EZG reviews Faerie Passions
This supplement is 18 pages long, 1 page front cover, 1 page editorial/SRD, 1 page ToC, 1 page how-to-use, 1 page advertisement and 1 page back cover, leaving us with 12 pages of content, so let’s take a look, shall we?
After a 1-page introduction to the matter at hand, we are introduced to something vital to understand the content herein – the mindset of the fey: We essentially get advice for DMs to portray fey and their interaction with mortals and PCs in particular: The alien nature of fey and their capacity to misinterpret mortals is reflected by optional supplemental rules that govern the interaction of fey and mortals and reflect the anxieties of such a clash of mindsets and cultures. Furthermore, the fey’s sense of beauty and how it governs their actions is also described and supplemented – and yes, fey make start developing an obsession to “fix” your own sensibilities…which may be annoying with humans, but in the case of fey, it may become downright cruel and disturbing… Speaking of which – the arrogance and weird logic of fey offers quite an array of storytelling potential and examples via a rusalka and her taboos on drowning victims are3 covered – oh, and it should be noted that trying to influence fey via mundane and magical means can be rather problematic and fire back upon the mortals that attempt it. The aspects of faerie whimsy, potential sheer heartlessness and the time-honored tradition of humbling proud mortals – all of these are covered herein and come with short, easily inserted rules that add a layer of depth to the interaction with fey.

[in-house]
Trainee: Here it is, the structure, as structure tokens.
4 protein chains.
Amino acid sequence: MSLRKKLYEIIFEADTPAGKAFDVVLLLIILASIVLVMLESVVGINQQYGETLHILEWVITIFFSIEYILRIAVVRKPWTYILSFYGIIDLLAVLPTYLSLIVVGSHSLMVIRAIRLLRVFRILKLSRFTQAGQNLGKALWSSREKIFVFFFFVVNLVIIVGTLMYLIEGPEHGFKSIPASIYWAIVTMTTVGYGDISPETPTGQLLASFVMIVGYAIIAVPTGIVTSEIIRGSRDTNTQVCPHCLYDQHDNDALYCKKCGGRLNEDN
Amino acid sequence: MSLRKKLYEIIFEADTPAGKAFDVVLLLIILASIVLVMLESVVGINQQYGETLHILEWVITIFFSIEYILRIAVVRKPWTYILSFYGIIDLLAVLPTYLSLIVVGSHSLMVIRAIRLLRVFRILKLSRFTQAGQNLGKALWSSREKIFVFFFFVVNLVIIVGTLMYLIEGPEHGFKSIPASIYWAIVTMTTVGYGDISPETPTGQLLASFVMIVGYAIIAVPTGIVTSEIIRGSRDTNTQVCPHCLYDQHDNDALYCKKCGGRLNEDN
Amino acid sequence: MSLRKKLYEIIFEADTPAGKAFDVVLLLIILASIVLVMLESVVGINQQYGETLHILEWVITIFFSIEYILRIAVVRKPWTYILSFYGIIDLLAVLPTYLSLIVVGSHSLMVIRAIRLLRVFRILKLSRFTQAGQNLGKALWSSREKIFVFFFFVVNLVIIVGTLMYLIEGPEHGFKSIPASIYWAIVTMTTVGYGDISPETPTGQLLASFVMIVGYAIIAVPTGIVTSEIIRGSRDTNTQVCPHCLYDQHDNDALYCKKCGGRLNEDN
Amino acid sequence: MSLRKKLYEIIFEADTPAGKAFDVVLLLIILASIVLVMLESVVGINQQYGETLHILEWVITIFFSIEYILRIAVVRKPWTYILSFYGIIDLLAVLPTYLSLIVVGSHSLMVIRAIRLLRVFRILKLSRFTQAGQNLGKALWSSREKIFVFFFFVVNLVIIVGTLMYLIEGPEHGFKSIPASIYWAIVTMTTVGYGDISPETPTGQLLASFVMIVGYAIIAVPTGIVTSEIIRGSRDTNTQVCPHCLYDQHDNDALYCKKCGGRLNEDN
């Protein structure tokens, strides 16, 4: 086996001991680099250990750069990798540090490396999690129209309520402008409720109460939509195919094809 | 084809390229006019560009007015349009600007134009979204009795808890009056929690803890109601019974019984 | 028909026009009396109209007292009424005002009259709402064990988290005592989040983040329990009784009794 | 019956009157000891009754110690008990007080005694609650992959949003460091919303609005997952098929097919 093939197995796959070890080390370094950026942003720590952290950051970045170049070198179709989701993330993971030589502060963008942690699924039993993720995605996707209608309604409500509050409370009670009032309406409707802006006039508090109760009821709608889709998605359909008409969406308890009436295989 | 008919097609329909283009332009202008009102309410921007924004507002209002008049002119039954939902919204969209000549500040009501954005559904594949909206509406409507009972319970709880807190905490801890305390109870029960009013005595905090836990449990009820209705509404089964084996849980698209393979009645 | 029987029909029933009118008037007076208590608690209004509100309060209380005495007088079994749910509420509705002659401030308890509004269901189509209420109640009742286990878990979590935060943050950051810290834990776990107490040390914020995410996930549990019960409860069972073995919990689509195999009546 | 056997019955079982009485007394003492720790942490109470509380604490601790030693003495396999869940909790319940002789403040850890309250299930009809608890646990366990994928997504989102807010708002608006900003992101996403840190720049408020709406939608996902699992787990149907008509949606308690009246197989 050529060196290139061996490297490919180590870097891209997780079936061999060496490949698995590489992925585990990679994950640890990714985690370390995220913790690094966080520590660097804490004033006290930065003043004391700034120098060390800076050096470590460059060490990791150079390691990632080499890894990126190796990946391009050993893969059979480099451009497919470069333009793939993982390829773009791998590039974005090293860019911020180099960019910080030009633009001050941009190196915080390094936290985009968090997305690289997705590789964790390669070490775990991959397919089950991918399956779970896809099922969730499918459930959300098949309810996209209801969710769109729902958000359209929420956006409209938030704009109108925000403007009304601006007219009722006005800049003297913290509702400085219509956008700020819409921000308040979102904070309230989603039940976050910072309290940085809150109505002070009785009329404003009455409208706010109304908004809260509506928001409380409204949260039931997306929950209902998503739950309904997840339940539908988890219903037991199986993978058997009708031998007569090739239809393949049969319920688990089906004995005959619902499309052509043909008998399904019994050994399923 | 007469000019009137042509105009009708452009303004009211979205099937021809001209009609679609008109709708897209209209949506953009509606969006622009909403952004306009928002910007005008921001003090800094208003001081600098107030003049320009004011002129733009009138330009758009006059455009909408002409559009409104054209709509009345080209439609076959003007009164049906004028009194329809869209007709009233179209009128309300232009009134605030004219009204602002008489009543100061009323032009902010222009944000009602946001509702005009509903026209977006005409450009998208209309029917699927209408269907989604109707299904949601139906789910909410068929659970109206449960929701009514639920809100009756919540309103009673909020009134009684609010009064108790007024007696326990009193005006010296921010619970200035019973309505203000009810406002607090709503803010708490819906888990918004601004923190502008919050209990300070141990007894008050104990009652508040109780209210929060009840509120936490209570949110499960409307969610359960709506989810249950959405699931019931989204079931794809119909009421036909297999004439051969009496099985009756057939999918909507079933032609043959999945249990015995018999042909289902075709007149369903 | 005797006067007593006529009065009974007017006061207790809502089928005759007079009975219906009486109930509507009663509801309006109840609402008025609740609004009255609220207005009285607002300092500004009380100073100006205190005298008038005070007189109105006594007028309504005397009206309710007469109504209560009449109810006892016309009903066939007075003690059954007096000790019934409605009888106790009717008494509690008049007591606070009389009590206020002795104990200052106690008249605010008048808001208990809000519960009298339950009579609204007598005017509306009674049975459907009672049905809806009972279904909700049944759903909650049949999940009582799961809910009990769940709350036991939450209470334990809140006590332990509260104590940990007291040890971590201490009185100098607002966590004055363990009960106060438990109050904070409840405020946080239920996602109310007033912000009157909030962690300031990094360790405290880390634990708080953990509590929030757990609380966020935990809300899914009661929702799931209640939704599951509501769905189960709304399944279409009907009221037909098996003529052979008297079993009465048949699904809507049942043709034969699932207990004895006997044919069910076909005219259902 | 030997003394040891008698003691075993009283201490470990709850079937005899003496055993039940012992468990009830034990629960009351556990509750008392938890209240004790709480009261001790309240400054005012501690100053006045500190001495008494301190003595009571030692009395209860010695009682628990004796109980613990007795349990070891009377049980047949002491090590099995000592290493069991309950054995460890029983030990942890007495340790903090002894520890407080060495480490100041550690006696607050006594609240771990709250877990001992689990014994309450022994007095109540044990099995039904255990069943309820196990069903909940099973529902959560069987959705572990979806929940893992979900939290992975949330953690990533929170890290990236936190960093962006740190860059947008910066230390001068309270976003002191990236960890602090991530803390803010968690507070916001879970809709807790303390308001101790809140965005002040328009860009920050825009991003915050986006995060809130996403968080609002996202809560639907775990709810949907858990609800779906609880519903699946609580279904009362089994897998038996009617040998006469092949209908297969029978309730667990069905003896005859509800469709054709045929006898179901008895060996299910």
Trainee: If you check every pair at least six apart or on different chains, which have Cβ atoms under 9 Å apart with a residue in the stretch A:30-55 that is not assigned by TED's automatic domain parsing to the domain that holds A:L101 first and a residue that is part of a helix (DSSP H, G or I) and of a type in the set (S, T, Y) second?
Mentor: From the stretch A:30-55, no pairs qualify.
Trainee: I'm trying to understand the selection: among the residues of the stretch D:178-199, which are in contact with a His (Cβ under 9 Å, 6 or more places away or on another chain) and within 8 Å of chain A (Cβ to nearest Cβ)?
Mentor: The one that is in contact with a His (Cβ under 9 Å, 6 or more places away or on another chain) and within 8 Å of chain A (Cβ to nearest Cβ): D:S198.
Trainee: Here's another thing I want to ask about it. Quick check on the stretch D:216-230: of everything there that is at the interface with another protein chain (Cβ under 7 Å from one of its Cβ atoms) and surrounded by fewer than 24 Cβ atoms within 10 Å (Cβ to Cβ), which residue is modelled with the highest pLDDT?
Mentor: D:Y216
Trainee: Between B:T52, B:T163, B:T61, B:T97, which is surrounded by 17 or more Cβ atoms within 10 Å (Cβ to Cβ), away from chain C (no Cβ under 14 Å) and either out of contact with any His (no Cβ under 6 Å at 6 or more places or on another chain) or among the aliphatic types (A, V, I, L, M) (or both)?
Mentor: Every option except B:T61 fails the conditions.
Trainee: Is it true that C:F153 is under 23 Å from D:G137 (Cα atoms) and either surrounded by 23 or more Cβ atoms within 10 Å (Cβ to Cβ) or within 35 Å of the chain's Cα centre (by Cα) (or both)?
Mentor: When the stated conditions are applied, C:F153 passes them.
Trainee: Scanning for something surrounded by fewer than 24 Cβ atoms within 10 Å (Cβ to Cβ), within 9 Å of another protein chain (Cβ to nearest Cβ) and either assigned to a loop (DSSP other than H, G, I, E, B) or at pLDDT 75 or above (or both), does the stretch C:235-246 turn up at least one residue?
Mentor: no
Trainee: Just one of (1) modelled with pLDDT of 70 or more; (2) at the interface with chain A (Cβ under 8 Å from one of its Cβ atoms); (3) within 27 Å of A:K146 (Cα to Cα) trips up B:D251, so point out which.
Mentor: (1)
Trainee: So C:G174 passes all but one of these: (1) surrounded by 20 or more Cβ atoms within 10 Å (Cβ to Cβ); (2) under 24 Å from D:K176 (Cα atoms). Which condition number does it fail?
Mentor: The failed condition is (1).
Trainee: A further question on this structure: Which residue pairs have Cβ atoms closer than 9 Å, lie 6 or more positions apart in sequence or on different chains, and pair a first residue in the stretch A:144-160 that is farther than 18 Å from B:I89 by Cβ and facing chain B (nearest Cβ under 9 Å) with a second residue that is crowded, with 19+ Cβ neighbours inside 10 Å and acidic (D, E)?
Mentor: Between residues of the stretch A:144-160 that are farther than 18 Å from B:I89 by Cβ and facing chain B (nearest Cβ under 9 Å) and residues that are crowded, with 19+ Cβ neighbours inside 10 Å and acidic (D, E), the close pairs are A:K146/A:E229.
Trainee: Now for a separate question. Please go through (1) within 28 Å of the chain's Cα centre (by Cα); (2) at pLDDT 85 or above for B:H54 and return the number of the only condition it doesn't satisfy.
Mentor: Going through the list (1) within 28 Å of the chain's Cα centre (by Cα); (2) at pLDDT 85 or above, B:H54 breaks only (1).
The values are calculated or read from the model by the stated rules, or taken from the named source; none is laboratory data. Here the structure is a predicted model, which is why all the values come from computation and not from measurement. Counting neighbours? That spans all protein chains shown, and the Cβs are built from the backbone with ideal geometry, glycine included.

Now onwards to the birds & bees of fey – examples from true fairy-tale love to forced ravishments of woodcutters by dryads to the stable of lovers held by noble fey, we get some intriguing short summaries of central tropes to the fey’s lore and their potentially child-stealing/exchanging ways also merit some further focus by the book and help prospective DMs with advice on properly adding interesting features to the changelings or to create more unique offspring with the ARG. The book also offers a fine array of awesome recommendations for further reading, both obvious and lesser known. having read the majority of these myself, I can attest to the inspiring nature of these recommendations. Now if you’re like me, you’ll consider the basic fey-bloodline too generic to reflect all possible ancestors and hence, herein, we get an array of alternate bloodlines for sorcerors that reflect the respective parents better -now all of these bloodlines make the respective character counts as fey for the purpose of spells and abilities as well as archetypes – i.e. these are considered variants of the fey bloodline.